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The Design of the Courtroom
The majority of Seattle personal injury claims don’t go to trial, meaning the claimants won’t see the inside of a courtroom. Most personal injury claims can settle successfully during pretrial negotiations, especially with help from experienced attorneys. A court trial, however, could result in higher compensation for plaintiffs. If your lawyer believes going to court is in your best interests, it can help you to know what to expect from your trial. Start with the design of the courtroom.
Front and center in the courtroom sits the bench. This is where the Honorable Judge and his or her staff sit. The bench is an elevated stage that serves as the center focal point for the rest of the courtroom. The judge sits the highest. At the next level sits the court clerk and the bailiff. The clerk documents the trial and takes care of evidence. The bailiff is in charge of handling the jurors, both parties, and everyone else in the courtroom.
The Witness Stand
To the right of the judge, as part of the bench, is the witness stand. This is where witnesses sit, swear to tell the truth, and testify as part of the trial process. The witness stand sits between the judge and the jury box, so both can hear and see the witness clearly.
The Jury Box
What makes a court trial so special is that a jury helps to make the final decisions. During a personal injury case, for example, the jury determines how much a claimant should receive in pain and suffering damages. The jury is one of the most important elements of the courtroom, and therefore gets a designated location at the front of the room, in the jury “box.”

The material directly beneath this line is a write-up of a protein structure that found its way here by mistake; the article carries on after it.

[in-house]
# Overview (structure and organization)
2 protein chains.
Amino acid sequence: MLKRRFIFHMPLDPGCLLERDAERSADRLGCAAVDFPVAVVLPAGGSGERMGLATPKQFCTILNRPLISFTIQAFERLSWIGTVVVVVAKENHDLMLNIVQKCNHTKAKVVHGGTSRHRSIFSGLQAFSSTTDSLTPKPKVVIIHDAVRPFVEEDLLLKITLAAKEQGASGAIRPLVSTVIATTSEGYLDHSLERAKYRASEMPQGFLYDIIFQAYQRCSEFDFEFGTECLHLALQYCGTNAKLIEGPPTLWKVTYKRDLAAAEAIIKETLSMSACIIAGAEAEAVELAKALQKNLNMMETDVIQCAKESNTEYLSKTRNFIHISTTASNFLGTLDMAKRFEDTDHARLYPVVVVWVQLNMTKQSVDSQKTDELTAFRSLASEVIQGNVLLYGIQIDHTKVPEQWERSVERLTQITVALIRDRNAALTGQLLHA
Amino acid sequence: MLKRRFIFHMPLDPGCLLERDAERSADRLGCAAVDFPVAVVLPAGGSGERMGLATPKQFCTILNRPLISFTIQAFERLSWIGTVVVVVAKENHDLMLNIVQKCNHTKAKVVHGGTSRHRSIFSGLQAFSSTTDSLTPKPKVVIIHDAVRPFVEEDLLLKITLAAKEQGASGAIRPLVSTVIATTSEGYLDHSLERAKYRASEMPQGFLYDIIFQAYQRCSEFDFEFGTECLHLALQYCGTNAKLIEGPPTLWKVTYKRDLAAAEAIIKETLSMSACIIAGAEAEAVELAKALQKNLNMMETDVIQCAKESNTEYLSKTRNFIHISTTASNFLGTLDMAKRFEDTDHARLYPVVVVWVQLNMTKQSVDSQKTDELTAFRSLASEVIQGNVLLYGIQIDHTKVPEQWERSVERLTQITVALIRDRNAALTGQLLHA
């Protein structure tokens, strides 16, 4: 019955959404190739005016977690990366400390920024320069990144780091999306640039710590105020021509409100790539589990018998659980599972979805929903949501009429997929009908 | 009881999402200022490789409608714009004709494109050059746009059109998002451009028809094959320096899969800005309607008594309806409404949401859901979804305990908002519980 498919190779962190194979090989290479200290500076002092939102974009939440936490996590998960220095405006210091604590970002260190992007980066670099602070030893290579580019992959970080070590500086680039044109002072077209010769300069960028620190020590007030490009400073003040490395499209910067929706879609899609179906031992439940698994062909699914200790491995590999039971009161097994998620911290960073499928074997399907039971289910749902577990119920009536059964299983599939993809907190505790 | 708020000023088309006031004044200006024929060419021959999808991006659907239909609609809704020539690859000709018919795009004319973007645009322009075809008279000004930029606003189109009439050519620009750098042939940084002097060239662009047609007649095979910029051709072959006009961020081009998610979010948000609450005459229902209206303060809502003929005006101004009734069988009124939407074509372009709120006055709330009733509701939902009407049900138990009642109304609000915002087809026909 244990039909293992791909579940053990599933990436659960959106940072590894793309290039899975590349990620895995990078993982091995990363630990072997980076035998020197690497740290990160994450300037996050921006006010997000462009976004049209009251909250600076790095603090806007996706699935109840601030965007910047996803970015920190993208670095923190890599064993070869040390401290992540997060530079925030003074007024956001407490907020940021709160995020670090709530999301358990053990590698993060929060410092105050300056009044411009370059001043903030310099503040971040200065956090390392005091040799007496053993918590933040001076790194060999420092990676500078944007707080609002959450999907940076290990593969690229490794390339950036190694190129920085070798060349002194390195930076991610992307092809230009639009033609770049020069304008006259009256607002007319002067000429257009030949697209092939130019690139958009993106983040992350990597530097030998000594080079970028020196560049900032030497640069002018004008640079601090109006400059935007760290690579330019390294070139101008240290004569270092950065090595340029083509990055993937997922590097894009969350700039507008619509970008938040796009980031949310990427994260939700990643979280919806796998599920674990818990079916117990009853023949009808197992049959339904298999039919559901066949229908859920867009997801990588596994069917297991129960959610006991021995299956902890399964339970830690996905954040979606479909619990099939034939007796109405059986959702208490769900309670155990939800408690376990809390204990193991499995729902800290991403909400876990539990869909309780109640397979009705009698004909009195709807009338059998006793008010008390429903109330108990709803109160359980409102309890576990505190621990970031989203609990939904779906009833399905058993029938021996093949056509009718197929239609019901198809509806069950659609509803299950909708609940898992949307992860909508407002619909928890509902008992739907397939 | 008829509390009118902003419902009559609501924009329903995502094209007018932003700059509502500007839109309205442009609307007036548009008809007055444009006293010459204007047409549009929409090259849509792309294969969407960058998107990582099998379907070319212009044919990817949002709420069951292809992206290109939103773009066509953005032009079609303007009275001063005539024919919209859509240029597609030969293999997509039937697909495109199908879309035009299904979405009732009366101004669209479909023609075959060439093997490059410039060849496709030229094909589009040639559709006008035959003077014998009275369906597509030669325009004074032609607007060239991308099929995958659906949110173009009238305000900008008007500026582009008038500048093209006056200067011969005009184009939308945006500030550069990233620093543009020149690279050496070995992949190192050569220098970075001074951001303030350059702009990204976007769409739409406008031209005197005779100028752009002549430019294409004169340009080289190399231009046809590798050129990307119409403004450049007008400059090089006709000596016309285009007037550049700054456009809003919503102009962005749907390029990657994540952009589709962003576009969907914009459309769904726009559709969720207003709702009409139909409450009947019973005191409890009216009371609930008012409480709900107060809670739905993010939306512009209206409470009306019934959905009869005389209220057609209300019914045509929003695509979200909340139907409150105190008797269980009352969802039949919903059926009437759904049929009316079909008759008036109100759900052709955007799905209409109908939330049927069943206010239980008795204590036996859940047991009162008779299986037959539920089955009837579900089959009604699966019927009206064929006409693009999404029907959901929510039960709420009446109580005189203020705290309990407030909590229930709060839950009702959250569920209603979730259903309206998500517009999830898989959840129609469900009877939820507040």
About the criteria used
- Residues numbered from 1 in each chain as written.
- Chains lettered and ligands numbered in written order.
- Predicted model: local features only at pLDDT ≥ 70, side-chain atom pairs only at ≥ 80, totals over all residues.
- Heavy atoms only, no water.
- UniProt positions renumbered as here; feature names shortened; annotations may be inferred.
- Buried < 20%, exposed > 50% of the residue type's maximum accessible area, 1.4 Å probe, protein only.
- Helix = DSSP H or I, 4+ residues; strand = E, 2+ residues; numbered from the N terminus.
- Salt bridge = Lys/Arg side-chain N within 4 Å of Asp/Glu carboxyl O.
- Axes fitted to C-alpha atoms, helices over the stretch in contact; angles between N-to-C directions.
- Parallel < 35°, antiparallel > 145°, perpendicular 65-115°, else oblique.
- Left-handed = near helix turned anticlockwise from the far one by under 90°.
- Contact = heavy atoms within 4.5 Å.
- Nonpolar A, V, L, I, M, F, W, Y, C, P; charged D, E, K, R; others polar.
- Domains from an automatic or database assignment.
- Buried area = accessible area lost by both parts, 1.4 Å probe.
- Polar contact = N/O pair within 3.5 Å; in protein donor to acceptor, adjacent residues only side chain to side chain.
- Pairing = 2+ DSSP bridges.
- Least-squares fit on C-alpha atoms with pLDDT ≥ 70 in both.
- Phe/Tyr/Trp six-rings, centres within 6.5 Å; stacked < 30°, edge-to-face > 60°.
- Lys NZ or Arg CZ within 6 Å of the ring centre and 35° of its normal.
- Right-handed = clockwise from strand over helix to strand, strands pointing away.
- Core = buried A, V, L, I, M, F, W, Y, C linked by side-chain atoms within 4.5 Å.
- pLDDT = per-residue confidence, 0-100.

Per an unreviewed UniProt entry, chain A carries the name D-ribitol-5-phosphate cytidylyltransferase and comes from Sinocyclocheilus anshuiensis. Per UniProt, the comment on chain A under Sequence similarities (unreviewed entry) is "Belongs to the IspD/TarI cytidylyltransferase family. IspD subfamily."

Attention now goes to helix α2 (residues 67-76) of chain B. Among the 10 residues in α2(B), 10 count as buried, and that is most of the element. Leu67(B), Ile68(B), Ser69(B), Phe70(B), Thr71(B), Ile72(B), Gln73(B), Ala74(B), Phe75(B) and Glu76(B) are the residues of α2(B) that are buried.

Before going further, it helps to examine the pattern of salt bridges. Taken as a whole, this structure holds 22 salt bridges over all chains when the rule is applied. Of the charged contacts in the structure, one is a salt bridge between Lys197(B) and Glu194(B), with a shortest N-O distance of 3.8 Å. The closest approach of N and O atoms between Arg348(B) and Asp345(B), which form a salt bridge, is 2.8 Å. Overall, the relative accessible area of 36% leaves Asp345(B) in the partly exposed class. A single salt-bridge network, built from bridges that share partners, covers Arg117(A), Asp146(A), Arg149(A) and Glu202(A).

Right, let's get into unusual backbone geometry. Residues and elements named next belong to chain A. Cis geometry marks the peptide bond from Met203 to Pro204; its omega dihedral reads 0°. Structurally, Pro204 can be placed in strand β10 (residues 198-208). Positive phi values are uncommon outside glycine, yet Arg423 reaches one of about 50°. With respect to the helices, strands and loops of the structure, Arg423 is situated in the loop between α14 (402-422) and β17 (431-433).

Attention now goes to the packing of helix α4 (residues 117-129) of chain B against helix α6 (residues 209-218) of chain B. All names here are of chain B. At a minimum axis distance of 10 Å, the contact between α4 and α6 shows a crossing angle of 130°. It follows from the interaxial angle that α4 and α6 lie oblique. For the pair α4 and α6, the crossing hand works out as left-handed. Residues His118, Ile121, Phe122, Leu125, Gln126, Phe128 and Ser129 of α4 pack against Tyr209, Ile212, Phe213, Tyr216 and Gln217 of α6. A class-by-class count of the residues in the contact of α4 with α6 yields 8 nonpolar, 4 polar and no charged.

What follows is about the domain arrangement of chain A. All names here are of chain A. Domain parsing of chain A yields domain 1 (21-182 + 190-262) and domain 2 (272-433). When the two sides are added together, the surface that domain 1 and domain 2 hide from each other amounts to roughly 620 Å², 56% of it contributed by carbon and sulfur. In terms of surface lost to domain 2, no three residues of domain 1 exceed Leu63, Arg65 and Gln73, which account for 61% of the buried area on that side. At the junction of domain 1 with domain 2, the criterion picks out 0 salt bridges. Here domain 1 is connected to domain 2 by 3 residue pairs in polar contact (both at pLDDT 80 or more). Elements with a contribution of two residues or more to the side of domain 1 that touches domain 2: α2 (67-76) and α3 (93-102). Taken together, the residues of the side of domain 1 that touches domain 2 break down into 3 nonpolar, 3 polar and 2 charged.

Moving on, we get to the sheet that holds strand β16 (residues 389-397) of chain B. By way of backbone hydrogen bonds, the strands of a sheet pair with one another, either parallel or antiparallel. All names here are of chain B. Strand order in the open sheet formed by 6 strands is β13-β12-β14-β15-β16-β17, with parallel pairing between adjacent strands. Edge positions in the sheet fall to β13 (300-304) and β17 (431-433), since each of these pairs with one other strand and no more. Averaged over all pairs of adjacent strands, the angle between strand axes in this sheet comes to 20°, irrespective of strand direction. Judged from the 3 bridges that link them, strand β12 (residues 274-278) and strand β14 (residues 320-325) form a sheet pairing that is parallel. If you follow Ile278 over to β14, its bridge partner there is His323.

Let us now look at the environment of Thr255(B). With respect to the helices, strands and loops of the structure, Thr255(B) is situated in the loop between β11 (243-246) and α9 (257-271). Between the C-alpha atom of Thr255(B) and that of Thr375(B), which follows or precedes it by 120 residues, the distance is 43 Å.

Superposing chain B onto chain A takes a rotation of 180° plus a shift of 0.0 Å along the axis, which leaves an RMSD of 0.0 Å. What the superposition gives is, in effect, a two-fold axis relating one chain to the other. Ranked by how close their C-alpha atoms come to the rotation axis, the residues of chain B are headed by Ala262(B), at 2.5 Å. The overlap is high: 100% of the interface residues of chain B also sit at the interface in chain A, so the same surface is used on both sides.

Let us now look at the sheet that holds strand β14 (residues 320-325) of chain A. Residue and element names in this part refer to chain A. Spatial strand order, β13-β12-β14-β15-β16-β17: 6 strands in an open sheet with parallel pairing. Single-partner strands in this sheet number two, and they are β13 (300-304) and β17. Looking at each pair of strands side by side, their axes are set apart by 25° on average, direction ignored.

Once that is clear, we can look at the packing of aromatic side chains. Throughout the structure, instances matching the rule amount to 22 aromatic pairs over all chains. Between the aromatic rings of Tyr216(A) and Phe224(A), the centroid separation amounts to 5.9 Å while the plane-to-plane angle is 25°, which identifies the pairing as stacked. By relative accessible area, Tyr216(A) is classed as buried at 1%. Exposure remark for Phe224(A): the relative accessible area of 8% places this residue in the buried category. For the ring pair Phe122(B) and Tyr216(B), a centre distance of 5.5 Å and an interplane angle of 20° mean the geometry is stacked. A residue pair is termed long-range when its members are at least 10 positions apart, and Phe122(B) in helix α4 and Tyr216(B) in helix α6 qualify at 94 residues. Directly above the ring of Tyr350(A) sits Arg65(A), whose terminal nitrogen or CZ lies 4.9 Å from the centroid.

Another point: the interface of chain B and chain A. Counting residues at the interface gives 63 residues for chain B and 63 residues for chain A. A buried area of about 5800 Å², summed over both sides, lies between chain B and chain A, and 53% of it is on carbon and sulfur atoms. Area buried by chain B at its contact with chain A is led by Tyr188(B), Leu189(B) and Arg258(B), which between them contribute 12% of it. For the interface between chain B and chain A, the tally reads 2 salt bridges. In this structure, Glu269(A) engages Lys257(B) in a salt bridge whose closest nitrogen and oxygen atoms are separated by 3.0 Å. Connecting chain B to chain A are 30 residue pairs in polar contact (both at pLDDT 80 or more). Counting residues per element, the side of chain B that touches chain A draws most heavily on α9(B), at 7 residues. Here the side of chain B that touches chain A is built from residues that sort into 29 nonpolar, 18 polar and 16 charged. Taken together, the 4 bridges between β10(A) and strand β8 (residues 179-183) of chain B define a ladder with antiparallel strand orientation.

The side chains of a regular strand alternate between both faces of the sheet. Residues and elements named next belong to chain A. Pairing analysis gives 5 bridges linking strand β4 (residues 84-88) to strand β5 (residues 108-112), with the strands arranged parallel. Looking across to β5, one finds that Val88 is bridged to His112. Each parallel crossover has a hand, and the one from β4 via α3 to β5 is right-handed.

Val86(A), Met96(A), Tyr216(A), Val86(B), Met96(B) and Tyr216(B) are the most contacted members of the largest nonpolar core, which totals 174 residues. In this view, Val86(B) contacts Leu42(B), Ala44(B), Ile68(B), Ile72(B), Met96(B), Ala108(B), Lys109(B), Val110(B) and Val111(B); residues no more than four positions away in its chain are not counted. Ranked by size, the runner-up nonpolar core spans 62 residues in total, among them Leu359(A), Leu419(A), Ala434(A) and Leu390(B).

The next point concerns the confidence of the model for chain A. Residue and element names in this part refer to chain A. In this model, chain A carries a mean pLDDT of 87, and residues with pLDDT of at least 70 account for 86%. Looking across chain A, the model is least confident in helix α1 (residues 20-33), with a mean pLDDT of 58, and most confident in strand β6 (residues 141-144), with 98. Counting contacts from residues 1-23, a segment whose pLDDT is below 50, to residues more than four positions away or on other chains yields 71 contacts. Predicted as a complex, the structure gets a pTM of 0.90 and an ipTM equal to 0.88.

The jury box contains chairs, usually behind a partition to separate it from the rest of the room. The rest of the courtroom will stand when the jury enters and exits. Only the judge may speak to the jury while a trial is in process. When the jury convenes, they do so in a private room.
The “well” of a courtroom is where the plaintiff, the defendant, and their attorneys sit during the trial. It consists of two sets of chairs and tables, one on either side of the courtroom, positioned to face the witness stand and bench. The well also describes the empty space between the bench and where the parties sit – the “stage” where the attorneys state their pieces. The well is the neutral zone between both sides.
The gallery is the remainder of the courtroom, where people who come to watch the trial sit. It contains benches or chairs that are usually open to the public. The judge has the authority to remove anyone from the gallery who is disrupting the case. People in the gallery and the well face forward, toward the front of the courtroom. The bench and witness stand face out, toward the well and the gallery. The jury box is against one side of the courtroom, where jurors can see the gallery, the well, and the witness stand.
Seattle Courtroom Design
Although all courtrooms follow the same main design traits and elements, it can help to know exactly what your specific courtroom will look like. Visit the Seattle Municipal Court website to view photographs of the courtroom and for more specific information about the building, parking, offices, and presiding judges. The court occupies nine of the 13 floors in the Seattle Justice Center building. You’ll find customer service on the first floor, court administration on the 11th floor, and the records unit on the third floor. Find your courtroom ahead of time to make the day of your trial as easy as possible.